As the chairman of the Accounting Standard Board, Manoj Fadnis, has played a key role in the journey towards converging Indian accounting standards with the International Financial Reporting Standard. In an interaction with Sudipto Dey, Fadnis, president, Institute of Chartered Accountants of India (ICAI), says the institute will lead the way in making all its units Ind-AS compliant in FY16. Edited excerpts:
How will life change for Indian businesses with the adoption of the new accounting standard (Ind-AS)?
Ind-AS may affect the capital structuring of companies that have issued redeemable preference shares. These will be considered as a debt under Ind-AS; at present, they are treated as part of the share capital. Also, the Ind-AS, based on substance over form, takes a different position in the financial statements.
Also, since under Ind-AS, there are a large number of disclosures promoting transparency, the companies will have to change their systems to generate the required information.
What are the critical dos and don'ts while transitioning to the new system?
First, companies have to change accounting and information technology systems to generate information to prepare the financial statements under Ind-AS. They should not leave the process of shifting to Ind-AS till the end. The plan should be prepared in advance so that the company is ready in time.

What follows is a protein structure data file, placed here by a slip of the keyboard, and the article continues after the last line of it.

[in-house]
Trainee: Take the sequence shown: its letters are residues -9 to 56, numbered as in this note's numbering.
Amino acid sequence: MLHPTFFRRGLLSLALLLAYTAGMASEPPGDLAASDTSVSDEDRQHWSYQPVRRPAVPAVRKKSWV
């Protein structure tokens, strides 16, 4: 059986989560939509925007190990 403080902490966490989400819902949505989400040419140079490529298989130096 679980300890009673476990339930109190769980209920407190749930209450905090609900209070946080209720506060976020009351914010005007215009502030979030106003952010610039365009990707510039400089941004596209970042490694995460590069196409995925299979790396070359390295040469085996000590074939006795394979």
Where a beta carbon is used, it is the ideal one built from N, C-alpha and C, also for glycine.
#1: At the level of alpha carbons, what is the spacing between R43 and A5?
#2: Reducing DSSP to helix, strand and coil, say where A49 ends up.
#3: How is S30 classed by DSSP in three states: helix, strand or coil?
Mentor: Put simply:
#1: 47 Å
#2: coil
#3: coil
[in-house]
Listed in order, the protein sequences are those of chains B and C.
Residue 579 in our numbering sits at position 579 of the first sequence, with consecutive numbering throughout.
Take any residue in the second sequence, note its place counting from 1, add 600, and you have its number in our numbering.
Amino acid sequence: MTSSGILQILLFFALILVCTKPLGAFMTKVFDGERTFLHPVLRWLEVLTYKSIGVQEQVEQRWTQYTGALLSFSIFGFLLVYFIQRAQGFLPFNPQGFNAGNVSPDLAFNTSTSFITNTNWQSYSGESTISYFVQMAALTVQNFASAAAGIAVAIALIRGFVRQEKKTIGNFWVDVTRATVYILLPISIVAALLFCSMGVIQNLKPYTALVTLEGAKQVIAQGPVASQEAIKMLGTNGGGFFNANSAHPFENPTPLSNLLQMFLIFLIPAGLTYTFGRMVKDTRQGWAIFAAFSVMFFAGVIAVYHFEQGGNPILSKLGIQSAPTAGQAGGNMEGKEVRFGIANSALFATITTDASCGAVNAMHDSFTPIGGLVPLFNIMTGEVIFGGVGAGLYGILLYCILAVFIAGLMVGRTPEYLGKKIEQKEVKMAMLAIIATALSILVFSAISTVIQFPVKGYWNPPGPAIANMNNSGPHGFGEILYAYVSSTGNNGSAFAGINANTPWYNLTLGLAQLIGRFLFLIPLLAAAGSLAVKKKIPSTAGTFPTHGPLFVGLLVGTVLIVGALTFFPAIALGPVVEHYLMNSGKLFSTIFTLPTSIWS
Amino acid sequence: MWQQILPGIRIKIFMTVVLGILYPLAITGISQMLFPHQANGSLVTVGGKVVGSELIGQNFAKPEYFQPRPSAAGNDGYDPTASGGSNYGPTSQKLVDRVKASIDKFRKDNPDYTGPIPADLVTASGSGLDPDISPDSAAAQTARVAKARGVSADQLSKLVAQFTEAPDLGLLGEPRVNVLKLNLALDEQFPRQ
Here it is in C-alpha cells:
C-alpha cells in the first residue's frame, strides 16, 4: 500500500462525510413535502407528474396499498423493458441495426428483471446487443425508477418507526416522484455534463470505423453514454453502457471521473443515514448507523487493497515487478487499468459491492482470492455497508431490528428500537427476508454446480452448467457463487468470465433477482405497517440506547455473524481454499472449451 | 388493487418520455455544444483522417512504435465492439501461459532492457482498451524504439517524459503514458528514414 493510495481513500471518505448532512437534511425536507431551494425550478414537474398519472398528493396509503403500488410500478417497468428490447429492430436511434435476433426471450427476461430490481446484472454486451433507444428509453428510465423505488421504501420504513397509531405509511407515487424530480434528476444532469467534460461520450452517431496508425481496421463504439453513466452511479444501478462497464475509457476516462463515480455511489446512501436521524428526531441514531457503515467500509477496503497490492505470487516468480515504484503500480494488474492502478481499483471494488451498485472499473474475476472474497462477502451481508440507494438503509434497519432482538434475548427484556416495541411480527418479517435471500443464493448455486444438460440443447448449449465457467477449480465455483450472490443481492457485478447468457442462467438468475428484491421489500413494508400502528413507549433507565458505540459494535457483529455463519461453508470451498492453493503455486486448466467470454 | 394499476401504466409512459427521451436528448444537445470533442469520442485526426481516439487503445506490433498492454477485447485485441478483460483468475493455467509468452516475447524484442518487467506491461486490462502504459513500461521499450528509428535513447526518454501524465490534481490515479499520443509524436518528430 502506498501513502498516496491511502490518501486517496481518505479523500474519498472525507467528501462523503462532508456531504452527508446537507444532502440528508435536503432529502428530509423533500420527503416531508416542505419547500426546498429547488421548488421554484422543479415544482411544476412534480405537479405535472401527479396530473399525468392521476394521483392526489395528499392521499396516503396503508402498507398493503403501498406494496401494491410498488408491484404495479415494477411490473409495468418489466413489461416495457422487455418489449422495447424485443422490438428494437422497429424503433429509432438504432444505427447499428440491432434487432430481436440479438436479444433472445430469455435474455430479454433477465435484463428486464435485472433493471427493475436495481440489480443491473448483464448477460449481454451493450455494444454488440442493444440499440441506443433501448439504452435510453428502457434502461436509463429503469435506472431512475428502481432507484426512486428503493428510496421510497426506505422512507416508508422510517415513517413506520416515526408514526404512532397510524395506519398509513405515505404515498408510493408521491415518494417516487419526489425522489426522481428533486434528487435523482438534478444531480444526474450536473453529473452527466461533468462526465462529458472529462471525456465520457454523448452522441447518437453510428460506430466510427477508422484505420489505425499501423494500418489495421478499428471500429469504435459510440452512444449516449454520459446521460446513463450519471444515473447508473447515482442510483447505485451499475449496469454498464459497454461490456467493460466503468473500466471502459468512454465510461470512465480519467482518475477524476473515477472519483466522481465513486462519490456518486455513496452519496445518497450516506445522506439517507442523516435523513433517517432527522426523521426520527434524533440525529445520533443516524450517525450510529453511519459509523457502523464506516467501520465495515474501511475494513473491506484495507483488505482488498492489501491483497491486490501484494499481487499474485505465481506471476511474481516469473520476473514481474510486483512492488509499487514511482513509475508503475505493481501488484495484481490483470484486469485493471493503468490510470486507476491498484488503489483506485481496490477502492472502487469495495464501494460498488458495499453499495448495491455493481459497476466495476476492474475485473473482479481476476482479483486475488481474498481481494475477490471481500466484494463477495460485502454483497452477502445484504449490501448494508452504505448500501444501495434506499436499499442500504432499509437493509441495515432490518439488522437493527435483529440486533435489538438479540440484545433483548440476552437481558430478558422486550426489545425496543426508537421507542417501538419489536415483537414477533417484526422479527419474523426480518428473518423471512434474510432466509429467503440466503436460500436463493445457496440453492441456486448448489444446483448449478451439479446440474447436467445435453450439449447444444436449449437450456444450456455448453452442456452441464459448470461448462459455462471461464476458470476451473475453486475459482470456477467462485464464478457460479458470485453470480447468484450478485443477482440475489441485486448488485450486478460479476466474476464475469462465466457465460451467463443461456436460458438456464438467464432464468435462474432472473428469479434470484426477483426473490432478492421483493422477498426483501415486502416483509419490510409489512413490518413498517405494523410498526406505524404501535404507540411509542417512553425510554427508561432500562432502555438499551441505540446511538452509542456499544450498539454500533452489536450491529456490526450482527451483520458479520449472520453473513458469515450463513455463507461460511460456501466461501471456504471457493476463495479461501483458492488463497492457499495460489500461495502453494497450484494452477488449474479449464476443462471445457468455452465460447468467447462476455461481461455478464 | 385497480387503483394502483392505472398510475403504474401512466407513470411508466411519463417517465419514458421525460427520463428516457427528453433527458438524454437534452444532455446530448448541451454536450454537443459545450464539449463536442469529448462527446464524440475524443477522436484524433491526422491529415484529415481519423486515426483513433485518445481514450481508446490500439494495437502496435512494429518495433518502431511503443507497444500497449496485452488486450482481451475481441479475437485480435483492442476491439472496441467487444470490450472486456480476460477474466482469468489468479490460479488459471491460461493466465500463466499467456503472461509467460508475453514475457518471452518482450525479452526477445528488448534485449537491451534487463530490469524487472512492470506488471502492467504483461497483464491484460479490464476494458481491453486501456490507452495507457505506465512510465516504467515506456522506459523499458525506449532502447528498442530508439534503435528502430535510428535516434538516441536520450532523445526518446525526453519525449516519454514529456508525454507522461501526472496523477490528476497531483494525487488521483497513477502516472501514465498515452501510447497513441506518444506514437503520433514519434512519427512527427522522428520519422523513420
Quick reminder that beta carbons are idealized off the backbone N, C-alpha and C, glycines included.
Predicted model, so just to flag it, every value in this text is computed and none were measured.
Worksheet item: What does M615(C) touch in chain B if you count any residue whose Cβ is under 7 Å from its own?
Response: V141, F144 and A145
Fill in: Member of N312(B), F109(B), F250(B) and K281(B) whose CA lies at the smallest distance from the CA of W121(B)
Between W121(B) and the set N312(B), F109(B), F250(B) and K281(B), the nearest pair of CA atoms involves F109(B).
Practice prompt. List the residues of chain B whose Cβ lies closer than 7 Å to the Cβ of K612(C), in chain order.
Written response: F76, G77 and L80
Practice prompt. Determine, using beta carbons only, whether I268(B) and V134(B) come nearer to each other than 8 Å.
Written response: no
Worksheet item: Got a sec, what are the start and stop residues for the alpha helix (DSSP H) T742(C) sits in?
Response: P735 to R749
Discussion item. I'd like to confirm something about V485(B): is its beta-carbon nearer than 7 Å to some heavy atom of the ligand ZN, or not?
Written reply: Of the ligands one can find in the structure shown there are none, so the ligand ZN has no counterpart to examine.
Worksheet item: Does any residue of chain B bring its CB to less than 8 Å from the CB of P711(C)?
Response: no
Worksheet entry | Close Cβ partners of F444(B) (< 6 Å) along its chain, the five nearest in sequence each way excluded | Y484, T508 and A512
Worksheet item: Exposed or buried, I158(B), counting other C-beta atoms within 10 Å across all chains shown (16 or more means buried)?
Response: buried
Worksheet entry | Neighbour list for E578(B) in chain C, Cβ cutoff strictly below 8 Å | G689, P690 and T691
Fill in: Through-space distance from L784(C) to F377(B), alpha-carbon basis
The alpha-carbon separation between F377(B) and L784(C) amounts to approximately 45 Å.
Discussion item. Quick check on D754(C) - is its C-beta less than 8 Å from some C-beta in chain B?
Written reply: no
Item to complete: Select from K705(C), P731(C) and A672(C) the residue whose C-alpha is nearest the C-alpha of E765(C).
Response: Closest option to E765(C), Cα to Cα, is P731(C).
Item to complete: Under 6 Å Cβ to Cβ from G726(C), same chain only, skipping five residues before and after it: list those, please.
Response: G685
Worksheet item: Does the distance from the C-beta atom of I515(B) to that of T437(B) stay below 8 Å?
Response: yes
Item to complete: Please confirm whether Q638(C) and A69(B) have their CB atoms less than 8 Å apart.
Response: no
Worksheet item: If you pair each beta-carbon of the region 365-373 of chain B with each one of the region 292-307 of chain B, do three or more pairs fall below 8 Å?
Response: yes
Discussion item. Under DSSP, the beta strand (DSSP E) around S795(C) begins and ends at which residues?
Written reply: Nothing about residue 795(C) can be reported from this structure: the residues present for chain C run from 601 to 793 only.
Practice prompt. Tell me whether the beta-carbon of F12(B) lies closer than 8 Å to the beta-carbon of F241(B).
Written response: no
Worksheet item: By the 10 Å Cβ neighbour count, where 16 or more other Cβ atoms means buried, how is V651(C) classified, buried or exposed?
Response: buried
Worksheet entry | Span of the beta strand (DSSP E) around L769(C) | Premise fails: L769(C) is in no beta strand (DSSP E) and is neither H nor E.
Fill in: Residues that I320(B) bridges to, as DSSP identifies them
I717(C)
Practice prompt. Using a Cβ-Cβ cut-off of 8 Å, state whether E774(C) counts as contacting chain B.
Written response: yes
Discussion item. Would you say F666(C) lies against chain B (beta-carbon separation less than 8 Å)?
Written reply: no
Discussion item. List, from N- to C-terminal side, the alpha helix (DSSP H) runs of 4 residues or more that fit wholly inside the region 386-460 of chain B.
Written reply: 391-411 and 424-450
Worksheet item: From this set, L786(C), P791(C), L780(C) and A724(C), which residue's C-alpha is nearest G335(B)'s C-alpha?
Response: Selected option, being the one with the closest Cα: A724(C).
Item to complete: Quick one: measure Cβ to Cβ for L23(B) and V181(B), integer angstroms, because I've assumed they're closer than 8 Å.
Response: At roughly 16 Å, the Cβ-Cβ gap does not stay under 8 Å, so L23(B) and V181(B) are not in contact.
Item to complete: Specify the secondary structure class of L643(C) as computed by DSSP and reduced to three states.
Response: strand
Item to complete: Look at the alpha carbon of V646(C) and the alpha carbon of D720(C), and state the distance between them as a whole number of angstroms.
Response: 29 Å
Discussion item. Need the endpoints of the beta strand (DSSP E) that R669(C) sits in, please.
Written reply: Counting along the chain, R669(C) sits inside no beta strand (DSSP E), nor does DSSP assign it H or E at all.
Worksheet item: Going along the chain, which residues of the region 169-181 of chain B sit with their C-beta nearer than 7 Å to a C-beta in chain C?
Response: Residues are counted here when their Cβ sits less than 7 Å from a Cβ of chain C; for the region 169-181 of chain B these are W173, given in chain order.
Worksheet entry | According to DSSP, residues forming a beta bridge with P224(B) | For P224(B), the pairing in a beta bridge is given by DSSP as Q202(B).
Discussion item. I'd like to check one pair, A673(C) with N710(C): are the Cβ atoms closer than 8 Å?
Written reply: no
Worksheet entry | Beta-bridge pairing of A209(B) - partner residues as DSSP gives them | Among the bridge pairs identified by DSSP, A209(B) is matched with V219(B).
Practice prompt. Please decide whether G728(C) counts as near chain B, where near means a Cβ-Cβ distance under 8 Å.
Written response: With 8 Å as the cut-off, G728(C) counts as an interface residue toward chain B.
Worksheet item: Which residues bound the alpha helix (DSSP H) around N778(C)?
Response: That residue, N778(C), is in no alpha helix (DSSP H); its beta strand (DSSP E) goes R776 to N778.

Why was it important to keep certain carve-outs in Ind-AS, making it IFRS-convergent, but not fully compliant?
There are only two compulsory carve-outs. In case of other changes made in the Ind-AS, the companies can either follow the option permitted in Ind-AS, which is IFRS-compliant or change their systems to make them IFRS-compliant.
The two compulsory carve-outs are necessary since we have conceptual differences with the IASB. These differences are being discussed with IASB on an ongoing basis. Apart from the conceptual differences, the one relating to the foreign currency convertible bonds would have also affected adversely those Indian companies that have raised money through borrowings in foreign exchange.
Are you in favour of giving the option to Indian companies to come out with fully-IFRS compliant accounts?
We are not in favour of giving such an option as there will then be two sets of accounting standards which the companies will be using, and will accordingly result in making the financial statements under different standards incomparable. This would affect the decision-making of the users of these financial statements as they will have to keep in mind different requirements in different standards.
Is there a timeframe or a road map for India to be fully-IFRS compliant?
At present, there is no roadmap. However, we are taking up the matter with the IASB on a regular basis, and reviewing our position. It is hoped we may become IFRS-compliant in the future.
How well is the accounting profession prepared for the new system?
We have an implementation committee that is organising workshops. Around 10,000 professionals have gone through a certificate course. The institute's own financial statements will be Ind-AS compliant for FY 2015-16. All our units will prepare financial statements under both the accounting standard in FY16. We will also update our syllabus for final year students in 2016.